HELENA — A federal judge on Friday said he won't intervene in a state lawsuit between Democrat Steve Bullock and Republican Rick Hill over the legality of a $500,000 donation to Hill's campaign for governor.
The ruling is a win for Bullock, the attorney general, who is suing Hill in state court to force the former congressman to return the donation from the Montana Republican Party.
U.S. District Judge Charles Lovell denied a request by conservative groups to find Bullock in contempt for filing the lawsuit. Lovell also denied Hill's request to counter District Judge Kathy Seeley's temporary block preventing Hill from spending the donation before a Monday hearing.
Neither campaign had immediate comment upon learning of the ruling.
At issue are the state's campaign contribution limits that Lovell ruled unconstitutional on Oct. 3. The 9th U.S. Circuit Court of Appeals blocked Lovell's ruling Oct. 9.
Between those dates, the state Republican Party gave Hill the donation. Hill says it was legal for him to take the $500,000 when there were no limits, while Bullock argues he must give it back now that the appeals court has reinstated the $22,600 limit from all political parties.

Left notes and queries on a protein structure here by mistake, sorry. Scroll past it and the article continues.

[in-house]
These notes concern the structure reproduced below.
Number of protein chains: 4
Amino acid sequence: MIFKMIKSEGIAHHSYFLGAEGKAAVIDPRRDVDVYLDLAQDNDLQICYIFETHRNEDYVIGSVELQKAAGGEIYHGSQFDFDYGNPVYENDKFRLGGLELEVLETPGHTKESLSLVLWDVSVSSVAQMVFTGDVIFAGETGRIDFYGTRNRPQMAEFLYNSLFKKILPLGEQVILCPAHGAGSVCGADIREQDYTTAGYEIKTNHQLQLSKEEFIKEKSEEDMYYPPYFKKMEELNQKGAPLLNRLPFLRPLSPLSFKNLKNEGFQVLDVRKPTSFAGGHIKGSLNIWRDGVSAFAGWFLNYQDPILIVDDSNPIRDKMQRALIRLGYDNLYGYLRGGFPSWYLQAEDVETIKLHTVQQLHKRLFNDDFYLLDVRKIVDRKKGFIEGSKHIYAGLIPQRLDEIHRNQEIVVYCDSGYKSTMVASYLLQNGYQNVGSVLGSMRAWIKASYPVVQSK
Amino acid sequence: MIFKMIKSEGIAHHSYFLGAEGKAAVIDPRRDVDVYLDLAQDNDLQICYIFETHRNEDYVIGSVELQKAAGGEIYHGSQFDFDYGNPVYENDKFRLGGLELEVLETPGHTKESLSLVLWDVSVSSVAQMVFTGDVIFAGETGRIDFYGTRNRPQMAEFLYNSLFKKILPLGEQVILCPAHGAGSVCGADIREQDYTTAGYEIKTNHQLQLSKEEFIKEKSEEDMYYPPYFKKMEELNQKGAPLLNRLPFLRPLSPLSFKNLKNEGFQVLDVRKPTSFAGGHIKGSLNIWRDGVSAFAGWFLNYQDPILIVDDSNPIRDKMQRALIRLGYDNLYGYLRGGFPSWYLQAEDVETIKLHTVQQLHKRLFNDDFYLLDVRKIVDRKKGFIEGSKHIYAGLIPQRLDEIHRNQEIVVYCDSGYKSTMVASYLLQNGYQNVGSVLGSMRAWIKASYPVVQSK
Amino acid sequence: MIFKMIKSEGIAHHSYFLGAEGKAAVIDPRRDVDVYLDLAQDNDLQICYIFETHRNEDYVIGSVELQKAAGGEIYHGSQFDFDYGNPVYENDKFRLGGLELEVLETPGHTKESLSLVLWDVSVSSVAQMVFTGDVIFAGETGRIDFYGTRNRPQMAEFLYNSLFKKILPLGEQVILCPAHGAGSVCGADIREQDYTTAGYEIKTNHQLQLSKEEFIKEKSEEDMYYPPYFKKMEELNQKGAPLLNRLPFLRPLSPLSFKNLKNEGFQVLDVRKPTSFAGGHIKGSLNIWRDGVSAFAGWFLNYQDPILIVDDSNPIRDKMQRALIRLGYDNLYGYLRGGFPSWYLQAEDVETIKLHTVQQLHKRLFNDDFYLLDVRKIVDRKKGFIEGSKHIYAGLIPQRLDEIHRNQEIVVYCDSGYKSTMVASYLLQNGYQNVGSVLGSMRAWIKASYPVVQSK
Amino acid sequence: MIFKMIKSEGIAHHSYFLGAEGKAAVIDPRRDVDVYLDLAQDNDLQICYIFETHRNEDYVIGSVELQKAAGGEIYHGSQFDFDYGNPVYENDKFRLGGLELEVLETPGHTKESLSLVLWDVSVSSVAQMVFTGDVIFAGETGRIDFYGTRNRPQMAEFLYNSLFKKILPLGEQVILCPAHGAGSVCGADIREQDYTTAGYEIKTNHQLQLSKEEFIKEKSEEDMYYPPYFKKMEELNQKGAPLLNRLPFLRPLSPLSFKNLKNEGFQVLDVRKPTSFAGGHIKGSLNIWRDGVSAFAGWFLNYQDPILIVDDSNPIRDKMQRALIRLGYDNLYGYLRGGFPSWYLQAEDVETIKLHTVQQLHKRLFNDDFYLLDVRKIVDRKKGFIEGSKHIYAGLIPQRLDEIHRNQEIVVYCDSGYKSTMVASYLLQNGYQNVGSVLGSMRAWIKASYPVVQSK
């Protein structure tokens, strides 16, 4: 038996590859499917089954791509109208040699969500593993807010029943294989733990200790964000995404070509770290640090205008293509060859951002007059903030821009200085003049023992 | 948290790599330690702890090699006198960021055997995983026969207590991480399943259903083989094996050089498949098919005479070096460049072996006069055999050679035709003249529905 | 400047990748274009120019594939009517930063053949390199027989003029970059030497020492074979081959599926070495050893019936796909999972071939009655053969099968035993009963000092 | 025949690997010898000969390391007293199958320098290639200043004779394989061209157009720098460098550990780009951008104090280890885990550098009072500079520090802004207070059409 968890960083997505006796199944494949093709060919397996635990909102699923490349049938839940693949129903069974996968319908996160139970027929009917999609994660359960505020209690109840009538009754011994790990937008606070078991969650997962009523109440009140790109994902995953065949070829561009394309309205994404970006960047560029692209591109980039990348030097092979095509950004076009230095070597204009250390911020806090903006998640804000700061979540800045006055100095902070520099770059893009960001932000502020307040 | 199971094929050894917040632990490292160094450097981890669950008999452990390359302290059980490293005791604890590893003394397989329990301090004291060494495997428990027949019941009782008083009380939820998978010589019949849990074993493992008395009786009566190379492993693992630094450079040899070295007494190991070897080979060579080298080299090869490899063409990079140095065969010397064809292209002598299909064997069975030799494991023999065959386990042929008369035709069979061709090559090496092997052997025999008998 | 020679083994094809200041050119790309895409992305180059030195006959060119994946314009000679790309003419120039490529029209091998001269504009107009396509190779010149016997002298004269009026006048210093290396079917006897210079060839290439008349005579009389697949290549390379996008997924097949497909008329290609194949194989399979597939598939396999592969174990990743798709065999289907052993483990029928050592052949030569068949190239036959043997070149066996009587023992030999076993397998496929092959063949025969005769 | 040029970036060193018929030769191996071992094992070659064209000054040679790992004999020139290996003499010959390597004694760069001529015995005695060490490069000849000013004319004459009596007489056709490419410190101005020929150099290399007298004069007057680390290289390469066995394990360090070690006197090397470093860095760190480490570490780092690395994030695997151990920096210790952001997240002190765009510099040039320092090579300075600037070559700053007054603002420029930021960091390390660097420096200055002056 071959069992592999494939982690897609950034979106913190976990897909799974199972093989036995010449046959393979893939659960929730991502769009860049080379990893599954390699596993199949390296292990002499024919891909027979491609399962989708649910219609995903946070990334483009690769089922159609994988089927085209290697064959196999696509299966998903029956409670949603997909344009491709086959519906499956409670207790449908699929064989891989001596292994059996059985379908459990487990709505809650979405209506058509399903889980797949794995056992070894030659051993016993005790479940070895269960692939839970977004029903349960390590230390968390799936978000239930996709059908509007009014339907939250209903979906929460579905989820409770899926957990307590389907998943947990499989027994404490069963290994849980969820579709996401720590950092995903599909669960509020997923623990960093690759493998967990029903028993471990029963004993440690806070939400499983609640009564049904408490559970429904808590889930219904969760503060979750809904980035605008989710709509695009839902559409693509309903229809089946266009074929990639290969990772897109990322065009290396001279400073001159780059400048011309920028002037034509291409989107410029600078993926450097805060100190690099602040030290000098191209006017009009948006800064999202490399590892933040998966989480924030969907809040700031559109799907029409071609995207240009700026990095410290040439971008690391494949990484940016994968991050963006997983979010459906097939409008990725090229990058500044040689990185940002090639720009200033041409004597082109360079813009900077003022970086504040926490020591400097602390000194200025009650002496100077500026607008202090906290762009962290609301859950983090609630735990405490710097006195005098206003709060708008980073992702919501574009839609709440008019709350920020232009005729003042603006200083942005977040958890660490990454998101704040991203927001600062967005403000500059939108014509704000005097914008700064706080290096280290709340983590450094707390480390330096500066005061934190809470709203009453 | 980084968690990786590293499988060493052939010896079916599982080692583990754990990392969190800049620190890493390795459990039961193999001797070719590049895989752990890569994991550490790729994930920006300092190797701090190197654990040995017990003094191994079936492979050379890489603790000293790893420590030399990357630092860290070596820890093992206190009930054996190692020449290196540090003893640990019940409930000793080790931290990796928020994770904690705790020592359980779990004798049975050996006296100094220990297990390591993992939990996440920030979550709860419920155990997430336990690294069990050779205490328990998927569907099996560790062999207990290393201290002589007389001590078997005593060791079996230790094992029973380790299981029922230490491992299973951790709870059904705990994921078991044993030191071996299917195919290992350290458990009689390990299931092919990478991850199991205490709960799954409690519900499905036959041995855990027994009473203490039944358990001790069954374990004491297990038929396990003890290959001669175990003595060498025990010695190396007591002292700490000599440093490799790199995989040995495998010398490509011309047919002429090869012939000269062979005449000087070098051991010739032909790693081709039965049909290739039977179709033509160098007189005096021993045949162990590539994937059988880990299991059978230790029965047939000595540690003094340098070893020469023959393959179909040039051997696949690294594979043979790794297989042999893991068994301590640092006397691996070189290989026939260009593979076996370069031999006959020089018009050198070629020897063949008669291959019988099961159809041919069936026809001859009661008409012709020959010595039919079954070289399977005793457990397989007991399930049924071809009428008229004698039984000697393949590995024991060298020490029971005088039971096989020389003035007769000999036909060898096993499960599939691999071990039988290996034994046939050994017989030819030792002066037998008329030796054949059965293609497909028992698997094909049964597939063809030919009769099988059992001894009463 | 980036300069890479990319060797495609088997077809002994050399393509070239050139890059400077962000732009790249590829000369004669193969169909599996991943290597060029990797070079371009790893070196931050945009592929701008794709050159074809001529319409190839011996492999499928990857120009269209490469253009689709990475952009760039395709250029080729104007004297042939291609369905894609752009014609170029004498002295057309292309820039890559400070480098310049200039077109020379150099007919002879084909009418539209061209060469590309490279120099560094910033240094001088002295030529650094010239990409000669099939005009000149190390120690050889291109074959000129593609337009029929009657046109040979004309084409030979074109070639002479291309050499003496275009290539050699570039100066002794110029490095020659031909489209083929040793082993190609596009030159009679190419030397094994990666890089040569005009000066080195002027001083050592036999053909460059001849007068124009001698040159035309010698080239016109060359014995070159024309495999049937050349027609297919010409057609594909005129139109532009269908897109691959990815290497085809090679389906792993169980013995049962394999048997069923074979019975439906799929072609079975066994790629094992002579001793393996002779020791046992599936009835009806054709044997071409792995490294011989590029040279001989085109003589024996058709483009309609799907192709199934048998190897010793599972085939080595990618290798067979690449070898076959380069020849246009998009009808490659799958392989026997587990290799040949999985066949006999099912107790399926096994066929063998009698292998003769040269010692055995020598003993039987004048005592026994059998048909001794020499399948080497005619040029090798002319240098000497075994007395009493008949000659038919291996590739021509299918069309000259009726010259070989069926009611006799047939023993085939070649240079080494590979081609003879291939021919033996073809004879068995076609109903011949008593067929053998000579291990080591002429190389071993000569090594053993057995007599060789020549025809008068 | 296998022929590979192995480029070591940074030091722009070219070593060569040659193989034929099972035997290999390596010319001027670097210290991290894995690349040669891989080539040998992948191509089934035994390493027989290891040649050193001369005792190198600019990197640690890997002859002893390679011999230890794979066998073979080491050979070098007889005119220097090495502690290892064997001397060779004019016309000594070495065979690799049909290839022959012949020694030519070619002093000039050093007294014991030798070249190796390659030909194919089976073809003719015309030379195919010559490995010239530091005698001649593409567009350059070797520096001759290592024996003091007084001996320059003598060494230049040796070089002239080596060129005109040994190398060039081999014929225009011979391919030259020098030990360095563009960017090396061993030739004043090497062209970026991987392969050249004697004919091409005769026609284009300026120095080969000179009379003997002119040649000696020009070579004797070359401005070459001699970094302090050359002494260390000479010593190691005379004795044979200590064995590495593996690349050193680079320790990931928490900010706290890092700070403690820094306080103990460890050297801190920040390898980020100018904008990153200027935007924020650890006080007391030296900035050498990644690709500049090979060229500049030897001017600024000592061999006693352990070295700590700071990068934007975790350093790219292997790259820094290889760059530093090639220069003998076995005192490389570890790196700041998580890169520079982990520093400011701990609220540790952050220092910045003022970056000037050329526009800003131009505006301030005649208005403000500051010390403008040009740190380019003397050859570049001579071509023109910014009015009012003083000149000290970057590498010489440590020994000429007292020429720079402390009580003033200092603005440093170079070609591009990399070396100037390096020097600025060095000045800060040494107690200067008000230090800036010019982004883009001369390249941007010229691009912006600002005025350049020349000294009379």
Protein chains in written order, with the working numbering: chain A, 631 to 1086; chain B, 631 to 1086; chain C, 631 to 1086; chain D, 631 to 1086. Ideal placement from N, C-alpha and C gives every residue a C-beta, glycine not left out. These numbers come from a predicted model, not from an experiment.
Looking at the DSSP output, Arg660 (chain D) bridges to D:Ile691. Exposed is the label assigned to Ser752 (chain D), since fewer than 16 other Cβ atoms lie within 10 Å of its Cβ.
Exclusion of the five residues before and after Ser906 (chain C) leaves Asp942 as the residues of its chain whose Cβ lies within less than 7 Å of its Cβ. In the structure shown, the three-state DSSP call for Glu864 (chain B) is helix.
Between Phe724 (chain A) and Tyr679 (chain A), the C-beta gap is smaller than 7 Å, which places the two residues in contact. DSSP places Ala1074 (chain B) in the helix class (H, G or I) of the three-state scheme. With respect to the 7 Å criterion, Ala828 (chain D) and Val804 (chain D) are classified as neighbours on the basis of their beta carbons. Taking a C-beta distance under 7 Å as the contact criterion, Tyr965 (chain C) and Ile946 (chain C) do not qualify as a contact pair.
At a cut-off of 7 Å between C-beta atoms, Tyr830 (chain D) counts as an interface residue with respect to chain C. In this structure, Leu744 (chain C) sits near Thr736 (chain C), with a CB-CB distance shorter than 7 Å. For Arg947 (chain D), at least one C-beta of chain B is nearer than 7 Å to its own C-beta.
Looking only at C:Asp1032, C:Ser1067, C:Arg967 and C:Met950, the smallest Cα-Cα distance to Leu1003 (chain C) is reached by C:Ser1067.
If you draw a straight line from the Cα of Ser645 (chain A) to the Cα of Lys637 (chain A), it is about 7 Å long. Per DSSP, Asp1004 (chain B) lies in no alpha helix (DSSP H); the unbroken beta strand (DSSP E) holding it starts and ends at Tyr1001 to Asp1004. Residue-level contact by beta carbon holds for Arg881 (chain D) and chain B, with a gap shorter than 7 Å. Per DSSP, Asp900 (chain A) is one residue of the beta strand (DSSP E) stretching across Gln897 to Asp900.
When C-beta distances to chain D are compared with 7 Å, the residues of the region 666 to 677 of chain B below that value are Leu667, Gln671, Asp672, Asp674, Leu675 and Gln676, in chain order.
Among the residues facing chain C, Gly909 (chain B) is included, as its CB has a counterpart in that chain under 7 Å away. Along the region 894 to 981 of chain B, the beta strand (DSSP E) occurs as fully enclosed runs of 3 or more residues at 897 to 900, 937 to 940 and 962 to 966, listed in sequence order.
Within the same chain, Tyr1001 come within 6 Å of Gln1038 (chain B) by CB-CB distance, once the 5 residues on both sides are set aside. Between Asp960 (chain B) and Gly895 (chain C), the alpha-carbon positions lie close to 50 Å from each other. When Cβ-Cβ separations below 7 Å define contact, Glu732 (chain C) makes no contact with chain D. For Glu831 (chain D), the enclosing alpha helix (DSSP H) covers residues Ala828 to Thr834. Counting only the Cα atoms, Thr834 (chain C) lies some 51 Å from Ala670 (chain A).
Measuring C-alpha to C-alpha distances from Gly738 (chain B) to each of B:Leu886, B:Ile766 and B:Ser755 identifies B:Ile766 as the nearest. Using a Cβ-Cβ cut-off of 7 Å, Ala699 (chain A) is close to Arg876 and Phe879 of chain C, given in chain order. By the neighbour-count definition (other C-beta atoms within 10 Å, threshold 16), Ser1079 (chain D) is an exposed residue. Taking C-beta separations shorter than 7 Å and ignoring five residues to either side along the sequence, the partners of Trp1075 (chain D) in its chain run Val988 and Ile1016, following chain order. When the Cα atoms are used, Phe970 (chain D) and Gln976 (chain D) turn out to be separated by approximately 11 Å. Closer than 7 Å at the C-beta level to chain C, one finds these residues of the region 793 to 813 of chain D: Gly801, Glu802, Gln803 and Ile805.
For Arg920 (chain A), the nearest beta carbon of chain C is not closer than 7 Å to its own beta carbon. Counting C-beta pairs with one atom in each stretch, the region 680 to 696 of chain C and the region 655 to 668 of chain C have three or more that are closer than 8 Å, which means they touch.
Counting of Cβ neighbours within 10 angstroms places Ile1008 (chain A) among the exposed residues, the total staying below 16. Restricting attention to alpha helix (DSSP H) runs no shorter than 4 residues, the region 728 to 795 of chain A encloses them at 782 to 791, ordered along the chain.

District Judge Kathy Seeley, a Helena-based state judge, has issued a temporary restraining order that blocks Hill from spending the money or airing ads purchased with it before a Monday hearing.
Conservative groups, businesses and individuals who sued to throw out the campaign contribution limits asked Lovell to find Bullock's lawsuit in contempt of Lovell's order throwing out the contribution limits. They also asked Lovell to force Bullock to pay for ads that restore the damage to Hill's reputation.
Lovell wrote in his order denying that request that his ruling on the limits was not enforceable once the 9th Circuit took action, so Bullock's conduct could not have violated it.
But his denial of the contempt motion should not be interpreted as a determination that the disputed donation was illegal, he wrote.
"That is the question before Judge Seeley," Lovell said.
Hill on Thursday requested Lovell to intervene in the state lawsuit and issue an order countering Seeley's temporary restraining order.
Lovell also denied that request, calling it an attempt to appeal a state court decision to a federal court.
That is "a classically impermissible action" and a federal court can't issue an injunction to stay proceedings in a state court except as authorized by Congress, Lovell wrote.
Lovell said Hill can appeal Seeley's decision or petition the Montana Supreme Court to take control of the case.
"Surely, the Montana Courts will protect the rights of the parties," Lovell wrote.